Wild Heather

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There are all kinds of first things one can look back upon; I mean by that the first things of all. There is the little toddling journey across the floor, with father's arms stretched out to help one, and mother's smile to greet one when the adventurous journey is over. And there are other baby things, of course. Then there come the big things which one can never forget.
My big thing arrived when I was eight years old. I came home with father from India. Father's name was Major Grayson, and I was called Heather. I was petted a great deal on board ship, and made a fuss about, and, in consequence, I made a considerable fuss about myself and gave myself airs. Father used to laugh when I did this and catch me in his arms and press me close to his heart, and say:
"My dearest little Heather, I can quite perceive that you will be a most fascinating woman when you grow up."
I remember even now his words, and the look on his face when he said these things, but as I did not in the least comprehend them at the time, I merely asked in my very pertest voice for the nicest sweetmeats he could procure for me, on which he laughed more than ever, and, turning to his brother officers, said:
"Didn't I say so? Heather will take the cake some time."
I suppose at that period of my life there was no one in the wide world whom I loved as I did father. There was my nurse, but I was not specially devoted to her, for she was fond of teasing me and sticking pins into my dress without being careful with regard to the points. When I wriggled and rushed away from her she used to say that I was a very naughty and troublesome child. She never praised me nor used mysterious words about me as father did, so, of course, I clung close to him.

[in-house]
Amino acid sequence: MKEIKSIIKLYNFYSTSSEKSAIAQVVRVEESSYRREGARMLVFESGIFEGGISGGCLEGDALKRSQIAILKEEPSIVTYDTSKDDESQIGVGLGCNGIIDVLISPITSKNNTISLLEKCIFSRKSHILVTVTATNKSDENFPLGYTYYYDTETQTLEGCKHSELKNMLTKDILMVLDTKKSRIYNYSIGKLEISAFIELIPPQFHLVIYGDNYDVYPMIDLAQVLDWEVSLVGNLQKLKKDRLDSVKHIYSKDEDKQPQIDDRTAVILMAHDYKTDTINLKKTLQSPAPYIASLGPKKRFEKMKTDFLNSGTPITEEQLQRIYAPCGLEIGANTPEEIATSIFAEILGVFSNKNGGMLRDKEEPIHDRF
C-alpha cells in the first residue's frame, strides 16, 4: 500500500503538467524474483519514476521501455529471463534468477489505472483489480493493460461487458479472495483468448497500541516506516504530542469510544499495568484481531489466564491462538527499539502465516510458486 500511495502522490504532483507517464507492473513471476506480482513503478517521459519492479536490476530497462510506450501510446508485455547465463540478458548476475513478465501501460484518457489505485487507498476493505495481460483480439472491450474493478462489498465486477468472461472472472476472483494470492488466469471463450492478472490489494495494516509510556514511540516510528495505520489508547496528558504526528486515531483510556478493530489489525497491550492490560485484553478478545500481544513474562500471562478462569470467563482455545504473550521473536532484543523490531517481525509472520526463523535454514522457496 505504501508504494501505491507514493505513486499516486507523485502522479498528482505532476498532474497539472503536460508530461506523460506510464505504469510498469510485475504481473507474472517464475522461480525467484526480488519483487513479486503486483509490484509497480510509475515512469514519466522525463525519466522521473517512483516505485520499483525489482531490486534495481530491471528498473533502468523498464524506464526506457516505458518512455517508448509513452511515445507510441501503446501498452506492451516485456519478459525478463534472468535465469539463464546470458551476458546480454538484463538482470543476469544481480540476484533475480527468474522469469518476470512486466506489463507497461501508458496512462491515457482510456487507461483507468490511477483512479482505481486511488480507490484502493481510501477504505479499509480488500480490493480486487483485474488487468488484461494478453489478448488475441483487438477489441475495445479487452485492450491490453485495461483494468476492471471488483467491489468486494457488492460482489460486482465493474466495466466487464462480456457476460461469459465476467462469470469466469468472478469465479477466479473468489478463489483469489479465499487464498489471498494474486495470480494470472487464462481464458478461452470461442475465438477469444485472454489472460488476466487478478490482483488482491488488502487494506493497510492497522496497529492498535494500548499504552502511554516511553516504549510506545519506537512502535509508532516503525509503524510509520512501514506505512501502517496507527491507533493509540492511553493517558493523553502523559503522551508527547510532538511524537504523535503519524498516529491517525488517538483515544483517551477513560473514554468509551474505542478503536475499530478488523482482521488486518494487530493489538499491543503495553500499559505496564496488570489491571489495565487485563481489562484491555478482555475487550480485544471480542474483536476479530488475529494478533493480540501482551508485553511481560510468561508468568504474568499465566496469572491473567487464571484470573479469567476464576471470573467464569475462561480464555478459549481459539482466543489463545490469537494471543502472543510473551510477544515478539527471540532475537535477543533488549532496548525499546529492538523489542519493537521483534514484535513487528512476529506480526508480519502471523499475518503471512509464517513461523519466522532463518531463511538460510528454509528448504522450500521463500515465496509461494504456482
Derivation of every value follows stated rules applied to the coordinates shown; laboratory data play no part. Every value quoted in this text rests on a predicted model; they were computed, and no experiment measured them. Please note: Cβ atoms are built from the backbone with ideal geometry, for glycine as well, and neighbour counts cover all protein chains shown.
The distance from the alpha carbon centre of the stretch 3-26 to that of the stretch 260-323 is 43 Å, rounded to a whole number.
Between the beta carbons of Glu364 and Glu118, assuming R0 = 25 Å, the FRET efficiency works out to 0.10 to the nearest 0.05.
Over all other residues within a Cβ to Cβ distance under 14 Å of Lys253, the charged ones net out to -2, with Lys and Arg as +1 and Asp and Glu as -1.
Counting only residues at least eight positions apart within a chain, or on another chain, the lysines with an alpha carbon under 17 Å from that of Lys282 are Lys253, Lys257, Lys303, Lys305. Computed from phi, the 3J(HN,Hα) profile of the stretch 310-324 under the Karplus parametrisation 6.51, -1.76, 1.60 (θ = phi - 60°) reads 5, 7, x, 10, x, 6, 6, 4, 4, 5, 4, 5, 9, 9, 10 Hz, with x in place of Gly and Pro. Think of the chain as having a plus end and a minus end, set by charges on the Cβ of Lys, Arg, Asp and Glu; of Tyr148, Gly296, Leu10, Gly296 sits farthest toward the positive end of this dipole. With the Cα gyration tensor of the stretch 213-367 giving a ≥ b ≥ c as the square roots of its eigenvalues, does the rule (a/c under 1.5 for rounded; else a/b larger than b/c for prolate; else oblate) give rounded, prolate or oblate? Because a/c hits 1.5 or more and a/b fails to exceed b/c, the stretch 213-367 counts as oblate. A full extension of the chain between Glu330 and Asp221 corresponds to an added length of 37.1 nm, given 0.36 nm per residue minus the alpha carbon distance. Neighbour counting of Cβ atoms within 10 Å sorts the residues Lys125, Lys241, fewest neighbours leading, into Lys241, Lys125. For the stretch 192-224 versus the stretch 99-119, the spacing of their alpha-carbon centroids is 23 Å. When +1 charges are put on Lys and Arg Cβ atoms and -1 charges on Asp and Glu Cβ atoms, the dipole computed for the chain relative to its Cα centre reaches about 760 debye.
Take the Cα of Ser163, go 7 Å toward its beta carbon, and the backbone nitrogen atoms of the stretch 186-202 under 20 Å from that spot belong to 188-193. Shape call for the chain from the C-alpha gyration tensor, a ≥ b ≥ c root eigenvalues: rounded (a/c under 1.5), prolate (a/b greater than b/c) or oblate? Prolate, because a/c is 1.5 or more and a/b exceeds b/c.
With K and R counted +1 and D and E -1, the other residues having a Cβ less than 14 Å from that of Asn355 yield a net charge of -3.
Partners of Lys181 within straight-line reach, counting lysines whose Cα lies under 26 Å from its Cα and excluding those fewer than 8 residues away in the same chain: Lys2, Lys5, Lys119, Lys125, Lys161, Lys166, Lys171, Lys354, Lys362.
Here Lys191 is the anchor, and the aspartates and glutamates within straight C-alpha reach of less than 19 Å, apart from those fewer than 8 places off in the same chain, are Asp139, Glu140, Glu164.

I very, very dimly remembered my mother. As I have just said, my first memory of all was running across the nursery floor and being caught by my father, and my mother smiling at me. I really cannot recall her after that, except that I have a very dim memory of being, on one occasion, asked to stoop down and kiss her. My father was holding me in his arms at the time, and I stooped and stooped and pressed my lips to hers and said: "Oh, how cold!" and shuddered and turned away. I did not know then that she was dead. This fact was not told me until long afterwards.
We had a most prosperous voyage home on board the Pleiades, with never a storm nor any unpleasant sea complication, and father was in high spirits, always chatting and laughing and playing billiards and making himself agreeable all round, and I was very much petted, although one lady assured me that it was on account of father, who was such a very popular man, and not because I was little Heather Grayson myself.
By and by the voyage came to an end, and we were safe back in old England. We landed at Southampton, and father took Anastasia and me to a big hotel for the night. Anastasia, my nurse, and I had a huge room all to ourselves. It did look big after the tiny state cabin to which I had grown accustomed.
Anastasia was at once cross and sorrowful, and I wondered very much why she was not glad to be back in old England. But when I asked her if she were glad, her only answer was to catch me to her heart and kiss me over and over again, and say that she never, oh never! meant to be unkind to me, but that her whole one desire was to be my dearest, darling "Nana," and that she hoped and prayed I would ever remember her as such. I thought her petting almost as tiresome as her crossness, so I said, in my usual pert way:
"If you are really fond of me, you won't stick any more pins in me," when, to my amazement, she burst into a flood of tears.
Now I had a childish horror of tears, and ran out of the room.